A group of people who would typically throw their support behind their former boss declined to do so recently, when a majority of the members of former President Donald Trump’s Cabinet wouldn’t say they were supporting his bid for president in 2024.
NBC News contacted 44 people who served in the Cabinet during the Trump administration to see how they were feeling about the 2024 presidential election, and whether they had plans to support their former boss for another trip to the White House.
The media outlet said that almost everyone who they reached out to either declined to provide a comment on the topic, or completely ignored NBC News’ request for comment. Only four of the 44 people that they reached out to said they would publicly support Trump for president in 2024.
Those four people were Russell Vough, the former director of the Office of Management and Budget; Richard Grenell, the former acting director of national intelligence; Mark Meadows, the former chief of staff; and Matthew Whitake, the former acting attorney general.
Compared to most of his predecessors in the White House, the Trump administration had a revolving door of Cabinet members, with a much higher turnover rate than the people who served as president before him.
It’s very possible that the high turnover played a significant role in Trump’s former Cabinet members not publicly supporting him. In other words, because of the high turnover rate, many of those people who were among the 44 that NBC News reached out to couldn’t be called loyalists to their former boss.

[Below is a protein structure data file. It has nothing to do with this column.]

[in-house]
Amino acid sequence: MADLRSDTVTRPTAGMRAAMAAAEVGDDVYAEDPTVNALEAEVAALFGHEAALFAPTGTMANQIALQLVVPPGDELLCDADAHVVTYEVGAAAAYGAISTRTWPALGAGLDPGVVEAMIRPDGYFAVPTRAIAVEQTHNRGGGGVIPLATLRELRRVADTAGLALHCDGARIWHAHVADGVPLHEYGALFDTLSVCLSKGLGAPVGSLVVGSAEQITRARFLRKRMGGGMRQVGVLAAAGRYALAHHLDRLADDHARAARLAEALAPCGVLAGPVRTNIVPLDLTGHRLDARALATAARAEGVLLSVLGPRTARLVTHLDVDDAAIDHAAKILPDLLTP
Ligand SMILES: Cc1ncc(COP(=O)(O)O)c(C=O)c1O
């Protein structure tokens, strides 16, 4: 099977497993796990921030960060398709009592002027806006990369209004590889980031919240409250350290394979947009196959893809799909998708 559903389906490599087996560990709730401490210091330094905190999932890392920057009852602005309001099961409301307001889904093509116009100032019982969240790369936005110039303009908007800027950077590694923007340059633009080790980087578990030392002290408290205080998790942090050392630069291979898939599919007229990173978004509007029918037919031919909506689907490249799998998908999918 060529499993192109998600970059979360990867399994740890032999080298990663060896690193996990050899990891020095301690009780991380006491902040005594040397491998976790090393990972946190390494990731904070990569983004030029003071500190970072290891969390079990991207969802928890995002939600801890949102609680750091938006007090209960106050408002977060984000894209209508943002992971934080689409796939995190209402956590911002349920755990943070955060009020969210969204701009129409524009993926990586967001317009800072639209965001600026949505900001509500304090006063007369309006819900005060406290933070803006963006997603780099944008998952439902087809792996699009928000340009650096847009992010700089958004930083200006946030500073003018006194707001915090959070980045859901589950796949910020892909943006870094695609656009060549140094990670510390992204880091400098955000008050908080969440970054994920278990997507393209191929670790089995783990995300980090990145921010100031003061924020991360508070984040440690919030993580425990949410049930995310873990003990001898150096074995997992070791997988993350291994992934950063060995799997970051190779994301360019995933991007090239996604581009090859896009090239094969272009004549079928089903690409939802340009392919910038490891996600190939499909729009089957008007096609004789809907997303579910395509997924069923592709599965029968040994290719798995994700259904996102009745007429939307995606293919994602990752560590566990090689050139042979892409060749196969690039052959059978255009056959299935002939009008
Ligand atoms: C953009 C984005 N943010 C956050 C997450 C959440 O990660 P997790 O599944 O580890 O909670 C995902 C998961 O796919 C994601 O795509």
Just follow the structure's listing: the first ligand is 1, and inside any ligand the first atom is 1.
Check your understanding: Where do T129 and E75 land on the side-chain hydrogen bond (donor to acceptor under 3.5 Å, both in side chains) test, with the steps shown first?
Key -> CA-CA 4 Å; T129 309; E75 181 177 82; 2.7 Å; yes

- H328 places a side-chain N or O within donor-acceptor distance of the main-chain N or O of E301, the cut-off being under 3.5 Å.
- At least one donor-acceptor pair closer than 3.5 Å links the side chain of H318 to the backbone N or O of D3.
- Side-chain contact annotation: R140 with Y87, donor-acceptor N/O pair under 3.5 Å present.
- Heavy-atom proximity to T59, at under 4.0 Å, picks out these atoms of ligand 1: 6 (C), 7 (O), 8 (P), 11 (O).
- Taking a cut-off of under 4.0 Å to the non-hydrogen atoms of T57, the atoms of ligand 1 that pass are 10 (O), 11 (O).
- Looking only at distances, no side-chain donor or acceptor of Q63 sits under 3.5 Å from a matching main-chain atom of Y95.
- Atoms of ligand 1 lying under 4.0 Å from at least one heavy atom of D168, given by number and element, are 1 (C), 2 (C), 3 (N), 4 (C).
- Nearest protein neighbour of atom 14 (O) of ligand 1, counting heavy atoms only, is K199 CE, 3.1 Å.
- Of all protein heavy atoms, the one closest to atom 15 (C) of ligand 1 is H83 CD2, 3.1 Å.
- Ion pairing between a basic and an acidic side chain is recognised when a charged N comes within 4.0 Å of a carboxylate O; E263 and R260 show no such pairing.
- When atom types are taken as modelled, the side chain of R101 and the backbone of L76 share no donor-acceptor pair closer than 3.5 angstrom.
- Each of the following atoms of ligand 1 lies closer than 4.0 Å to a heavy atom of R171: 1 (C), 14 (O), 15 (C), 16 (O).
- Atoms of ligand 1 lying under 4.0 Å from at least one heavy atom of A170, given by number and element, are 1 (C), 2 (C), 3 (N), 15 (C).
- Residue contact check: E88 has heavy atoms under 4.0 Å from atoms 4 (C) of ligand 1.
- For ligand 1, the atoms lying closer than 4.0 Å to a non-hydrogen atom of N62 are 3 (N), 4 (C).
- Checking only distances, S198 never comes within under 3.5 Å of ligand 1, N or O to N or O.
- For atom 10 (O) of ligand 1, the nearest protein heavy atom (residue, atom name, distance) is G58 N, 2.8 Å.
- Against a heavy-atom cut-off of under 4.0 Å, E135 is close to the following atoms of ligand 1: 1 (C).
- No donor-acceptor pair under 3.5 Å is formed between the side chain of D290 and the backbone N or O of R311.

Bill Barr, a former attorney general under Trump and perhaps his most well-known Cabinet member, said that he didn’t want his former boss to win the GOP nomination in 2024. However, he didn’t say for certain whether he’d end up supporting Trump in a general election if he did win the nomination and faced up against President Joe Biden once again.
Another person who’s seemingly in the same boat is Mike Mulvaney, who served as Trump’s chief of staff at one point. When he was asked by NBC News, Mulvaney replied:
“I am working hard to make sure that someone else [in the GOP] is the nominee. I think he’s the Republican who is most likely to lose in a general election, of all our leading candidates. If anyone can lose to Joe Biden, it would be him.”
That being said, Meadows has thrown his support “fully” behind his former boss, according to one of his spokespersons.
And back in May, Vought posted to Twitter that Trump is “the only person I trust to take a wrecking ball to the Deep State.”
Some prominent former Cabinet members who didn’t make their intentions known were Mike Pompeo, the former Secretary of State; Patrick Shanahan, the former Defense Secretary; Dan Coats, Joseph Maguire and John Kelly, each who served as director of national intelligence; and John Kelly, former Chief of Staff.
Coats did say that he wouldn’t be supporting former Vice President Mike Pence in the Republican primary.